These are the times that try men’s souls.
Thomas Paine wrote that in 1776, but any time can try our souls, our principles, our concepts about self.
Most of the time, we don’t think about it, we’re too busy paying the bills or watching TV, but the lead up to Christmas tries our souls, our patience and our wallets.
Now that the Halloween ornaments have come down, the Christmas ones will soon go up, commercials will start and over cocktails at Christmas parties, a favourite topic will be the commercialization of Christmas and how society needs to return to old values that didn’t come wrapped in tinsel and packaged in plastic.
Both may be true, but irrelevant if we don’t allow this time to over-power our generosity of spirit. Charities are always concerned that a poor economy will turn our wallets into black holes. Yet, no matter what the law of gravity proclaims, we will overspend on our family.
We might not spend as much as last year, but we will overheat the Visa card to get stuff we don’t need.
Will that generosity extend beyond the immediate family? Are we willing to forgo a little less stuff so we can get essentials for others, for people we don’t know and will never meet.
Many people spend hundreds if not thousands of dollars on the Christmas experience — gifts, alcohol, dinners, partying — and that could save thousands of lives:
UNICEF says $31 can buy 4,832 water purification pills; $11, three bed nets; $50, 51 polio vaccines, 51 tetanus vaccines, 54 measles vaccines; and $276 can buy a school in a box — enough supplies to teach a class of 40 children. (Check https://shop.unicef.ca/all-gifts)
We can’t give up our life and joy to save all the world, but we can spend a little less on ourselves to save some — even when, or especially when, times are tough.
Life demands courage, commitment and enthusiasm, and a willingness to share, and serve. What goes around comes around. We get what we give — whether money, time or love.
“I believe that all humans know in a deep, ineffable way exactly what is required of us — even down to being called to do very specific things,” Brian Swimme, a mathematical cosmologist and author, told Shift magazine. “We don’t get a printout or specific instruction, but we do know what gives us a deep sense of joy — and that’s what we’re supposed to be doing.”
We’ve helped others enough to know that it feels good. Experiments have proved endorphin levels of the people helping, the people being helped and the people watching rise when we’re altruistic.
Even if we’re unsure what to do, we feel a need to do something, to help when the situation calls for it. The question we have to answer is whether we’re our brother’s — and sister’s — keeper? Do we help even when it hurts?
“There comes a time in each of our lives when we have the opportunity to reach out and turn the switch that will change darkness into light,” singer Willie Nelson writes in The Tao of Willie. “All we have to do is slow down, remember who we are and who we would like to be.”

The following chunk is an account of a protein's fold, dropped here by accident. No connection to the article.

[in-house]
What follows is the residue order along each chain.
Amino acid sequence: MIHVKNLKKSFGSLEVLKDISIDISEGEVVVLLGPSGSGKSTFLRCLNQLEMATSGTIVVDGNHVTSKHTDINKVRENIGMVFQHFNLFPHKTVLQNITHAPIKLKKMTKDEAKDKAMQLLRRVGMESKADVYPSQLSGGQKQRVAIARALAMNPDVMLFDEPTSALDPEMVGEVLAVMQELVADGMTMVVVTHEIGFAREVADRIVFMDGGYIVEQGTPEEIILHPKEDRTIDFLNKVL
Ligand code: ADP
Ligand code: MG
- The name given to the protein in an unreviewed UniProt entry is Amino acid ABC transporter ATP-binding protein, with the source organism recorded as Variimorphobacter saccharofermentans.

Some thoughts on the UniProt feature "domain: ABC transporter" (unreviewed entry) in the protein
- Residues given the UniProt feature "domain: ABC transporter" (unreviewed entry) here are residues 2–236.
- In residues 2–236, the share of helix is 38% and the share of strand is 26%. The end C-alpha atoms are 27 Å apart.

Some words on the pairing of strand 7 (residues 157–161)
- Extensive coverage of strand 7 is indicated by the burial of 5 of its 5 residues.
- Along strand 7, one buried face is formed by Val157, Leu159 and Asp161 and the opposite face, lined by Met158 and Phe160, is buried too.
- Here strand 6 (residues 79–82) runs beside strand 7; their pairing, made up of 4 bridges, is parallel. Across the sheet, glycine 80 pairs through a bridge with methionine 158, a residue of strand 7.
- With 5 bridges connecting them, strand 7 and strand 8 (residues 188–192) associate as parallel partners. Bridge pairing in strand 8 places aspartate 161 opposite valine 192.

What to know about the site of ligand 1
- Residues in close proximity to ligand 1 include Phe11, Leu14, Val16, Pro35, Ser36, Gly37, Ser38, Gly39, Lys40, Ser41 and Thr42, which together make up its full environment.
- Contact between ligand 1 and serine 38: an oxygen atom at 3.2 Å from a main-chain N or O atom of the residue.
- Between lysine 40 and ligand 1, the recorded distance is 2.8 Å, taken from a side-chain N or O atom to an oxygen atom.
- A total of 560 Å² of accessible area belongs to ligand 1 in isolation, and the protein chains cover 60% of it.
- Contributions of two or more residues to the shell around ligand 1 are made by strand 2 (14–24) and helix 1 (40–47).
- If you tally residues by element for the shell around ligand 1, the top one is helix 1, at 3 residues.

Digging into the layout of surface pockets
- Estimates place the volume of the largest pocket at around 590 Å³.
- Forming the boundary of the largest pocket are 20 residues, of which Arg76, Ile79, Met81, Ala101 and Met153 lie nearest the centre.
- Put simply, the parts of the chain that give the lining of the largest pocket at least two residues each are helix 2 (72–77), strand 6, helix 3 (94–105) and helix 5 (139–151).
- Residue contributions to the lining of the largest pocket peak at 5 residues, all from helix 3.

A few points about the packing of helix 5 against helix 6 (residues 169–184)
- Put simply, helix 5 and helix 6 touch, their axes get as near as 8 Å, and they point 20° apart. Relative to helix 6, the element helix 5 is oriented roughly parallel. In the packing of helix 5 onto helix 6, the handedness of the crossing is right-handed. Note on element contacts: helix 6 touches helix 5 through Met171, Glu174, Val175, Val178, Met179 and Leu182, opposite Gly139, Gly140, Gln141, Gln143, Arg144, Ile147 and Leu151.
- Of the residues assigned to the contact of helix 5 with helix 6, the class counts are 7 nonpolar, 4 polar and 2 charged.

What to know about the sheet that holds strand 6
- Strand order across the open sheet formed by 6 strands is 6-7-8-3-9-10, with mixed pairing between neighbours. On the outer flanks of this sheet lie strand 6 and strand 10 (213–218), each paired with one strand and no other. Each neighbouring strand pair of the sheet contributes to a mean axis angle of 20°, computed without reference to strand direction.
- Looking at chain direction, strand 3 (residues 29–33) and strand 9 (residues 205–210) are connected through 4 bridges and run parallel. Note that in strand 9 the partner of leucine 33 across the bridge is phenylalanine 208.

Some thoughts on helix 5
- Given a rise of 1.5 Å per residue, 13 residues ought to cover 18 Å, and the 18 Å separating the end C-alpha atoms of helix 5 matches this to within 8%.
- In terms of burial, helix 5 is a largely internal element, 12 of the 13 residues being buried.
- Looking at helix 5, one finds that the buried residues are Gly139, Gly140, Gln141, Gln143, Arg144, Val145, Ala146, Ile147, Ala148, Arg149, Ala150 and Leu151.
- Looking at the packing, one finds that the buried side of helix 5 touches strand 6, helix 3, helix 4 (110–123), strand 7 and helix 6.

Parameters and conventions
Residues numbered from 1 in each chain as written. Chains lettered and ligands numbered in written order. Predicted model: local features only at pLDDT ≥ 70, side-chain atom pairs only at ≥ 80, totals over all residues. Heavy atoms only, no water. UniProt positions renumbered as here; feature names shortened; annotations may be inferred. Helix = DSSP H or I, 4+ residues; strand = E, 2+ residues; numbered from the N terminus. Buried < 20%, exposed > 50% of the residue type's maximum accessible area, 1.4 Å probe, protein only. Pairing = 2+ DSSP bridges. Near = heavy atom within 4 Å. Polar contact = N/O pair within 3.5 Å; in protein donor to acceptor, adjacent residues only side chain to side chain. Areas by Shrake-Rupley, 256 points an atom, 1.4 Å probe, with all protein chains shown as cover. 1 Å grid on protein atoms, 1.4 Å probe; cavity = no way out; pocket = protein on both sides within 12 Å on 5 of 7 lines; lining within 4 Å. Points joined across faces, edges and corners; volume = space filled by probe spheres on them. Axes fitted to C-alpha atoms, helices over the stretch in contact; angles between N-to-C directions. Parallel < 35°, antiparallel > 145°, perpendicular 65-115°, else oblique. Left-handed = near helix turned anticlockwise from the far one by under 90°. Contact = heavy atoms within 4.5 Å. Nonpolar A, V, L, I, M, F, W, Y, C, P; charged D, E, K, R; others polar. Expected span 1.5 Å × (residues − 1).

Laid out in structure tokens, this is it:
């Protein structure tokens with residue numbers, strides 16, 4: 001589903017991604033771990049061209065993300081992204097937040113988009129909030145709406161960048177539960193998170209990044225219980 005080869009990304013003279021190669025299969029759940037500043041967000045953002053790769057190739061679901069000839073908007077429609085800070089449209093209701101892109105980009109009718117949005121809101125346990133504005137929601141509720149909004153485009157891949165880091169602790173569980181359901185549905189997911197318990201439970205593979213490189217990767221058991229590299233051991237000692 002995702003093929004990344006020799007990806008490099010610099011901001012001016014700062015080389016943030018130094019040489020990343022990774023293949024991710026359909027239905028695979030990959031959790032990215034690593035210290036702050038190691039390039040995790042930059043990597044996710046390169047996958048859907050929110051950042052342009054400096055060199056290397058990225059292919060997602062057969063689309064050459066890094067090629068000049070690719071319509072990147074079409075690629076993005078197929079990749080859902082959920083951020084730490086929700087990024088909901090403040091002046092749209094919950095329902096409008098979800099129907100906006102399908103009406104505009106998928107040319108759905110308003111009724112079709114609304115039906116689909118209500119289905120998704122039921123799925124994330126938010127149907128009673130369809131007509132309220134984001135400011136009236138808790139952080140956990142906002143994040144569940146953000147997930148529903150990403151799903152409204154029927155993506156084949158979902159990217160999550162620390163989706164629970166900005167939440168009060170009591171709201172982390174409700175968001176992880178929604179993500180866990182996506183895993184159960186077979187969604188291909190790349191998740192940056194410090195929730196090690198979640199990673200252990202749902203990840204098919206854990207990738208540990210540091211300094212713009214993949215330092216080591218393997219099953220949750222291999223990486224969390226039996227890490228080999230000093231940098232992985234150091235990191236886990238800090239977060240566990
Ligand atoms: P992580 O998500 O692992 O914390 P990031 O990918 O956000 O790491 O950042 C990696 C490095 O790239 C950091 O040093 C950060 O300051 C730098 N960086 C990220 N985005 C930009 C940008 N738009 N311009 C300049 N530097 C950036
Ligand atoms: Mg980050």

Those are the big questions. Who are we? And who do we want to be?
“Paul and I have been partners for 26 years and I have come to know his passion, humour and, above all, his generosity. Not just economic generosity, but generosity of spirit,” Chicago businessman Carl Haas, Paul Newman’s partner in Newman-Haas CART racing team, said after the actor died.
Do we have that same generosity of spirit, or do we give for the tax receipt, and only give when the economic indicators point up?
We could have the generosity of spirit that the Salvation Army has. It helps thousands in the Okanagan every year and if we don’t have money to donate, we can give our time; volunteers are always needed to man the kettles.
We could have the generosity of spirit that our military exhibited when they volunteered to fight — and die — for a greater good.
The motto for Remembrance Day is Lest we forget. And every Nov. 11 these words are intoned and no matter who says them, they a have a sombre majesty: “at the going down of the sun and in the morning we will remember them.”
And we should, and follow their example; if they were willing to make the supreme sacrifice for people they would never meet, for generations not yet born, the least we can do is help our neighbour.
Most of us paused during the long Thanksgiving weekend last month to parrot a few words about being grateful, and recognized that good luck, good genes, happenstance or divine thought put us here and not there.
Instead of living in one of the best places anywhere, we could be victims of poverty, war, rape, hurricanes, earthquakes, volcanoes, tsunamis, and sundry kinds of disasters that seem to afflict other parts of the world.
While we’re not completely immune to them, we did get some sort of cosmic inoculation before birth that reduces those afflictions and maladies.
Yes, there are marginalized people in Canada, thousands living below the poverty line and on the street, but overall we have much more than even we seem to realize.
Religion, metaphysics, philosophy, even science preach the unity of all things; that beneath the duality and separateness so seemingly obvious, is a oneness. There is not one person on this planet above four who we have not exchanged atoms with. Part of us is in almost seven billion people.
Hubble telescope pictures of galaxies merging show a stream flowing between the two that can be seen across 35 million lights years. If we could get a Hubble shot of humanity, we would see that same atomic jet stream flowing among us all.
“We are one, after all, you and I. Together we suffer, together exist, and forever will recreate each other,” said Pierre Teilhard De Chardin, a French philosopher and Jesuit priest.
This article is written by or on behalf of an outsourced columnist and does not necessarily reflect the views of Castanet.